January 1 or 2: Six armed men dressed in Indian Army fatigues entered the Pathankot Air Force Station, a military airport on the Pathankot-Majra Road (the station is part of the Western Air Command of the Indian Air Force). January 2: At 3:30am (Indian Standard Time), extensive exchange of firing was reported. At the time of firing, commandos of the National Security Guard (NSG), an Indian Special Forces unit under the Ministry of Home Affairs, and a team of the National Investigation Agency (NIA), a central agency established to combat terror, were present at the station.
As soon as the intruders were detected with thermal imaging, attack helicopters were used to target them with rockets. The Indian media reported that “four terrorists, one Indian Air Force commando and one jawan have been killed”. The home minister announced that the operation was over.
Prime Minister Narendra Modi said: “Today, enemies of humanity… tried to strike at our strategic area, a prominent airbase at Pathankot”. The Hindu reported, “The terrorists suspected to belong to Jaish-e-Mohammad (JeM), a Pakistan-based terrorist outfit, made at least four calls to Bahawalpur…”
January 3: At around 10am, a lieutenant colonel of the NSG died in a grenade blast. At around 12:20pm, firing resumed. By 5pm, Indian Air Force officials said that the “operation is at a mature stage and almost coming to a close”.
January 4: Intermittent firing begins. NSG says that “operation is still on”.
January 5: Sharad Kumar, DG National Investigation Agency, told the media that the “attackers were from the neighbouring country, Pakistan” and that there were “voice samples” whereby the attackers were talking to their handlers in Pakistan (https://www.youtube.com/watch?v=AntRF0KoFSM). Manohar Parrikar, the defence minister told media that “ammunition and other equipment recovered after the terrorists were killed was made in Pakistan.”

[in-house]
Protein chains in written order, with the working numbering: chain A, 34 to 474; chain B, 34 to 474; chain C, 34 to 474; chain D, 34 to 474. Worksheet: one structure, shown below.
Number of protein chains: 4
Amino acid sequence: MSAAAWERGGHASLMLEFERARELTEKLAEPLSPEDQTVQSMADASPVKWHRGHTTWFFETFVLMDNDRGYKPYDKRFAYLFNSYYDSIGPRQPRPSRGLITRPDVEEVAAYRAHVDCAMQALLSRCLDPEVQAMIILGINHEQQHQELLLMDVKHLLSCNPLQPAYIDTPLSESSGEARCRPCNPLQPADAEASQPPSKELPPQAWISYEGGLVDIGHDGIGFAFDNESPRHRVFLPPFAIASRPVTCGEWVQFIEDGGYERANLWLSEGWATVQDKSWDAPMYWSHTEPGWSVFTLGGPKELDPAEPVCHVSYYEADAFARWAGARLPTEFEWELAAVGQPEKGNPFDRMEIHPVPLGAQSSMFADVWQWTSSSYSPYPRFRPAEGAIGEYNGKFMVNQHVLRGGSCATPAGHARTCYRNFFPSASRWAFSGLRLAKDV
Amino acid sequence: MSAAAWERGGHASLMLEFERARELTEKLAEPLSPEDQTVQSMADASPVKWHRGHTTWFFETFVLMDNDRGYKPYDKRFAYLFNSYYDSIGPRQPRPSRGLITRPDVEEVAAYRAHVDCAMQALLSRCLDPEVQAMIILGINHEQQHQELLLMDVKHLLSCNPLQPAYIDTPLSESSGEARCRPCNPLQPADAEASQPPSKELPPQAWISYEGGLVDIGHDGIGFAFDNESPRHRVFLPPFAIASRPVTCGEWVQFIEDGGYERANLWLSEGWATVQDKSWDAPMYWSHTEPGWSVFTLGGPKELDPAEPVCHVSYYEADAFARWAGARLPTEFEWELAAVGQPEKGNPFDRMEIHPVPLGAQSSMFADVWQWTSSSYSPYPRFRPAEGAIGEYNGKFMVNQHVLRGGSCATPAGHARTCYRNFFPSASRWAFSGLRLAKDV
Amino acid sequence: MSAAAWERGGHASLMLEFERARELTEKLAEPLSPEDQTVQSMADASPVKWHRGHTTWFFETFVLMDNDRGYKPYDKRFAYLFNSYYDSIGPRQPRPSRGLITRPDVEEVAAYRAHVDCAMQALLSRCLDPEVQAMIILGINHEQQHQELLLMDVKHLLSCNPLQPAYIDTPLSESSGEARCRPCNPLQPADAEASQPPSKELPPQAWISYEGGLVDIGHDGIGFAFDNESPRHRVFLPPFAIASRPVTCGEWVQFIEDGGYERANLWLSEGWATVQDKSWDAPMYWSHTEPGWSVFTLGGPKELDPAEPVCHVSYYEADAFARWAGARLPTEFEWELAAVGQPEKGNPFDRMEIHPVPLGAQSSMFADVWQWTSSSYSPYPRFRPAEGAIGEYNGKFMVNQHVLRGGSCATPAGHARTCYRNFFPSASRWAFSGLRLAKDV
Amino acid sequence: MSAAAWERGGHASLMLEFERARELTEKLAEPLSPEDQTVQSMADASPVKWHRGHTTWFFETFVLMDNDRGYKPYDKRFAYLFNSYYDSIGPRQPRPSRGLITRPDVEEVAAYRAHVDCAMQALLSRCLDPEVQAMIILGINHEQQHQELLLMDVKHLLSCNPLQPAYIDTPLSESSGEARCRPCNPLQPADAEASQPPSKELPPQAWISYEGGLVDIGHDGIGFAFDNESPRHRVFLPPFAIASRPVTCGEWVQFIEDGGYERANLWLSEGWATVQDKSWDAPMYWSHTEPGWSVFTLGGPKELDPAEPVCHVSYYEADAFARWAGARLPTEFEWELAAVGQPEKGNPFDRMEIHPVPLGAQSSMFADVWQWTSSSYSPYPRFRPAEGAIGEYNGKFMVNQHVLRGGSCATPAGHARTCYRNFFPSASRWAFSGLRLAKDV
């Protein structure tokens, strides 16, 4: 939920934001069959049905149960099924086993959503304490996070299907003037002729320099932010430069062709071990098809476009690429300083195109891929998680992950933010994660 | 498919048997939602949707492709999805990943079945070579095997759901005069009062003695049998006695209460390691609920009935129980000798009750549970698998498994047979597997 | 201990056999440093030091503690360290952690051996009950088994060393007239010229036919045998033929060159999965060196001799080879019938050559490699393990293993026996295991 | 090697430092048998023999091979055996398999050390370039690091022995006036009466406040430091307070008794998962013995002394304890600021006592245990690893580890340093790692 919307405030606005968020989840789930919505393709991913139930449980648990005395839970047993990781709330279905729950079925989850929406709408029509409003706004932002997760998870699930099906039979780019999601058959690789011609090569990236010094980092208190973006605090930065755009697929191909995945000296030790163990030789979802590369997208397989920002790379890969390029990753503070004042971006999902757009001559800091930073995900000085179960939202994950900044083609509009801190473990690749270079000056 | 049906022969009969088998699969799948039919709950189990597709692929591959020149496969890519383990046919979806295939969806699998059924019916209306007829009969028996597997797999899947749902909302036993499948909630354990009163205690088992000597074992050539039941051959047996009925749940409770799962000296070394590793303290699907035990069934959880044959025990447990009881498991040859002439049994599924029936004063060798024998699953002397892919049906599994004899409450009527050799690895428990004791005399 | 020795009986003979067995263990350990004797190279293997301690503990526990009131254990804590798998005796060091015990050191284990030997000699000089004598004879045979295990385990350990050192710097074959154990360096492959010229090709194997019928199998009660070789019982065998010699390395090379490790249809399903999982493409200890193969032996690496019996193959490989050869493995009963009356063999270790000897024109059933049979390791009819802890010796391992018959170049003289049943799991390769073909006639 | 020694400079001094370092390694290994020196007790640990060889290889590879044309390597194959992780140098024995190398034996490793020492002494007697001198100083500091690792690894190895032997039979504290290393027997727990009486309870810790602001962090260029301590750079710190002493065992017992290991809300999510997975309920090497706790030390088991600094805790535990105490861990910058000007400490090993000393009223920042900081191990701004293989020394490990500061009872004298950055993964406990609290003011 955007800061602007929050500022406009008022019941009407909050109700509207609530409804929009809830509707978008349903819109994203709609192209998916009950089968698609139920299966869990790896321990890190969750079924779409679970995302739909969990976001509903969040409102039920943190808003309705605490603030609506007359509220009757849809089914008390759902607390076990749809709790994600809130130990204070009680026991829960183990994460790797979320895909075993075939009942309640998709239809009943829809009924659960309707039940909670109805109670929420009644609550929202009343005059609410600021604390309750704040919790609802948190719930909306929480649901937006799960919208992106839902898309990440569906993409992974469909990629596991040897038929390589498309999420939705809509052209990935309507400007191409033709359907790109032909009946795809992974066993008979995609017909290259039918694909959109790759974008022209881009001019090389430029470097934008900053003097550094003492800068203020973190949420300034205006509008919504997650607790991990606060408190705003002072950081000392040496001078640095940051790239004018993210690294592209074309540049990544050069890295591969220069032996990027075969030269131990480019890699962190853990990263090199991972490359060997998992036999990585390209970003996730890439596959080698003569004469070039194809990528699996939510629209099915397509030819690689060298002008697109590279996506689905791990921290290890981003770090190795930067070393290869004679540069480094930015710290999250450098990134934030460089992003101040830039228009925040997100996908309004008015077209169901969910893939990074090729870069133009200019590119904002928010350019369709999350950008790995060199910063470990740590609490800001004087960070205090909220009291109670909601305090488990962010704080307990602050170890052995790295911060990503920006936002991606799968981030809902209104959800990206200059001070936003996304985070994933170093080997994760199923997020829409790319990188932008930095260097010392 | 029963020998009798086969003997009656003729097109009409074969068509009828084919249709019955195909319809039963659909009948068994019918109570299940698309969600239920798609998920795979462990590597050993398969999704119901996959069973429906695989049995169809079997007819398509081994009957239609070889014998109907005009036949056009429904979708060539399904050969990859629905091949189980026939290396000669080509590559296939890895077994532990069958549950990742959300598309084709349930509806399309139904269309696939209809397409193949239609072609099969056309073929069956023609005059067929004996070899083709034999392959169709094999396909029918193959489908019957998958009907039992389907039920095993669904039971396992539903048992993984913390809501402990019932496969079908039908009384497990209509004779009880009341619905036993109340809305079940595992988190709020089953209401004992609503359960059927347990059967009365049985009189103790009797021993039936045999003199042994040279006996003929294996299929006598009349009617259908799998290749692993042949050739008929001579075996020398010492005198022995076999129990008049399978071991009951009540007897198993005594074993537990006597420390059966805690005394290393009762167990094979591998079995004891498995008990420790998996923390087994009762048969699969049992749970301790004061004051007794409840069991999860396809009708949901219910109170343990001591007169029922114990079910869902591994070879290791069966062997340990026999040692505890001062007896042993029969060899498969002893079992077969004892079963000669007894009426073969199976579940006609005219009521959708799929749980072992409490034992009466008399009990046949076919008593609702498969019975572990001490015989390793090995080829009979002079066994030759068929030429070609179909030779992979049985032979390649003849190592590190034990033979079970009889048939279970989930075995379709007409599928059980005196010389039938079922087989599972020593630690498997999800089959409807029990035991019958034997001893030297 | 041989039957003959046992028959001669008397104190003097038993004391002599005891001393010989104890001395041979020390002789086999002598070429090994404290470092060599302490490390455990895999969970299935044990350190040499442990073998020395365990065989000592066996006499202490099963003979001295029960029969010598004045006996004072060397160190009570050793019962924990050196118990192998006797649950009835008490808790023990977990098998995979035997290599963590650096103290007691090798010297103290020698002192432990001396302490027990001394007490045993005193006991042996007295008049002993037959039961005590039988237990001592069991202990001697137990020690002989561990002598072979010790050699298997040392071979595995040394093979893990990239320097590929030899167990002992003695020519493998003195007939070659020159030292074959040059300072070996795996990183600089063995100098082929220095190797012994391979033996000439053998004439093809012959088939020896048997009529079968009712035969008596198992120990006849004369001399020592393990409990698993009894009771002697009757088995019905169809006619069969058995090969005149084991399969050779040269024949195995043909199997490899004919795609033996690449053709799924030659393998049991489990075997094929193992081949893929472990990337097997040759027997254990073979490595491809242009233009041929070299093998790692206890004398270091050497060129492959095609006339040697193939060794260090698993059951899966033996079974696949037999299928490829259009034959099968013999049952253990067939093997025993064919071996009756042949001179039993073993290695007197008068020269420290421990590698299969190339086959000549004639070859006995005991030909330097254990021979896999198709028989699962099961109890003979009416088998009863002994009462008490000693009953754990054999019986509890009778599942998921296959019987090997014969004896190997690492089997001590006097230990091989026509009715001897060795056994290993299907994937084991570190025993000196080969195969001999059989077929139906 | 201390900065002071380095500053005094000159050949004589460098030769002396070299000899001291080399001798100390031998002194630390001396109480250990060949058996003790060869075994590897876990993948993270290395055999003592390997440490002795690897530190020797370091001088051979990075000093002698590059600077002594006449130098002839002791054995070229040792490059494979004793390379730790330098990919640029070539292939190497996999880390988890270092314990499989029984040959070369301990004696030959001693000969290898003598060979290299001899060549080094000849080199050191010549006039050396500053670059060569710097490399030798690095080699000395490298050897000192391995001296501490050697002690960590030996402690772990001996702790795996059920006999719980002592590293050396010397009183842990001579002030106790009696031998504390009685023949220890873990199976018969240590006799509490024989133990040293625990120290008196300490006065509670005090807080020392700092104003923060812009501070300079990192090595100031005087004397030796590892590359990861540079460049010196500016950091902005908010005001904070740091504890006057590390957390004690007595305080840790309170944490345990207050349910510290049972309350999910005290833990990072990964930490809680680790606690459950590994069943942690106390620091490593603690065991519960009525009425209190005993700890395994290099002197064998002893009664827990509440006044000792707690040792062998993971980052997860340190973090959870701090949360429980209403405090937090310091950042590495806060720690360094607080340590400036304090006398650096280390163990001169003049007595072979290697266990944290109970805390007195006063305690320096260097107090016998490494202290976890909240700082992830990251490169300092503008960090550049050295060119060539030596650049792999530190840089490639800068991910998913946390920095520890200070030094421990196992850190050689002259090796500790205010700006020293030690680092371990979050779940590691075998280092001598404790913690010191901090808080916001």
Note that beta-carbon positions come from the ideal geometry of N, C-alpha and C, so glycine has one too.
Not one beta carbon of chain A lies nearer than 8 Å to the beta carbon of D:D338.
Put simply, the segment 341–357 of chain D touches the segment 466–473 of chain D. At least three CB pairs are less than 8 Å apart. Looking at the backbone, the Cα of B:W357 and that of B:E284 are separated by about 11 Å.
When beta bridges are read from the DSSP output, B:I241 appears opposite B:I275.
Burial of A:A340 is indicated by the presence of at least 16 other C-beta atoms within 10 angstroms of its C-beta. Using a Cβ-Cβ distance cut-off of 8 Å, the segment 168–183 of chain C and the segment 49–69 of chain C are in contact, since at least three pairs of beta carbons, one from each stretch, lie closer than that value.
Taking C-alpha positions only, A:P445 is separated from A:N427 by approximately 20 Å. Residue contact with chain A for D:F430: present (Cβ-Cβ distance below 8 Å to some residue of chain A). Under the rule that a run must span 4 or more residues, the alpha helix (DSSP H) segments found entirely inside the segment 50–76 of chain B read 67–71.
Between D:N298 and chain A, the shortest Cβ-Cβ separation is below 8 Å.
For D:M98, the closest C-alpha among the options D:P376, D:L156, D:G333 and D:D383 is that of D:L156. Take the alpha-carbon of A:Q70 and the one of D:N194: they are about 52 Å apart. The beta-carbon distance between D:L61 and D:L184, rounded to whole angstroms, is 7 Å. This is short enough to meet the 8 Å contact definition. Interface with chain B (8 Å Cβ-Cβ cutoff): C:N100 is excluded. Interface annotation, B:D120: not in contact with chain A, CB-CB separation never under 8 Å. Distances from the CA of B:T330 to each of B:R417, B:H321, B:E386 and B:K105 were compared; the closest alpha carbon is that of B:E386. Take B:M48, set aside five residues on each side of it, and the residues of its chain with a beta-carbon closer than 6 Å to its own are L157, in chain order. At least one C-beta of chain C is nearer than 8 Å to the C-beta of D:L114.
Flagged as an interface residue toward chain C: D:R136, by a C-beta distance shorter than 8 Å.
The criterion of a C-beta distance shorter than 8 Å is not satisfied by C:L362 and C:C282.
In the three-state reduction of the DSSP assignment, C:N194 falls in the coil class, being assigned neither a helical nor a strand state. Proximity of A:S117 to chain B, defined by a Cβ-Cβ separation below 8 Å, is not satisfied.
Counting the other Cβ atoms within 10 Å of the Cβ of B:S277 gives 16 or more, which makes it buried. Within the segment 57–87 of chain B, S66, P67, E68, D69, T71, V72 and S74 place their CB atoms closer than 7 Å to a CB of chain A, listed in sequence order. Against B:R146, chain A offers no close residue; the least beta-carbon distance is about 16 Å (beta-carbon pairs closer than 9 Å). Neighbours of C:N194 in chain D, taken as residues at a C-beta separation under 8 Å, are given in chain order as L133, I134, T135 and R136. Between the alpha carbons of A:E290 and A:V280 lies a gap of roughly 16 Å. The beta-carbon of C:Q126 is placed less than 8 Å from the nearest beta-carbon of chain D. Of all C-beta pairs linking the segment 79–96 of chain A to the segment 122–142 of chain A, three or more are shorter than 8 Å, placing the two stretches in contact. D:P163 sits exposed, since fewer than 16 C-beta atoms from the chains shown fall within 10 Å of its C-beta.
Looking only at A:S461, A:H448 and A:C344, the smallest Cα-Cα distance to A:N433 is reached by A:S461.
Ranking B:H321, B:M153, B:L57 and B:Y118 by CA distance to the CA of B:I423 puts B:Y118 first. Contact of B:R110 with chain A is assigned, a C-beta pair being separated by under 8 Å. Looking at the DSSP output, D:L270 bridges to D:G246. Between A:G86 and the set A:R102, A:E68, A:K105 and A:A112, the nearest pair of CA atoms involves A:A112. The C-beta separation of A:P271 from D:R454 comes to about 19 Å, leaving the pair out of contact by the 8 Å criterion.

January 7: The Press Trust of India reported that the chief of Pakistan-based Jaish-e-Mohammed had been identified “as one of the handlers of the terrorists who launched the deadly weekend attack on the Pathankot Air Force Station.” The government of India told the media that it had shared the intelligence on the Pathankot attack with the government of Pakistan and that India “expects urgent action from Pakistan”.
March 30: The Indian Express reported that “a five-member Joint Investigation Team (JIT) from Pakistan, comprising intelligence and police officials, reached New Delhi to carry out its own investigation into the Pathankot attack.” The Pakistani team was received by officers of the National Investigation Agency.
June 2: Sharad Kumar, DG National Investigation Agency, told CNN News 18: “No evidence of Pakistan government or government agency’s hand in the Pathankot attack” (https://www.youtube.com/watch?v=8qiClNXWEGA). Sharad Kumar further said that there will be no further probe into the Samjhauta Express bombings and that the “Lashkar angle is being ruled out”.
Premature blaming, conclusions without investigation, professional military incompetence, failed intelligence and deception – all in one. That’s Pathankot.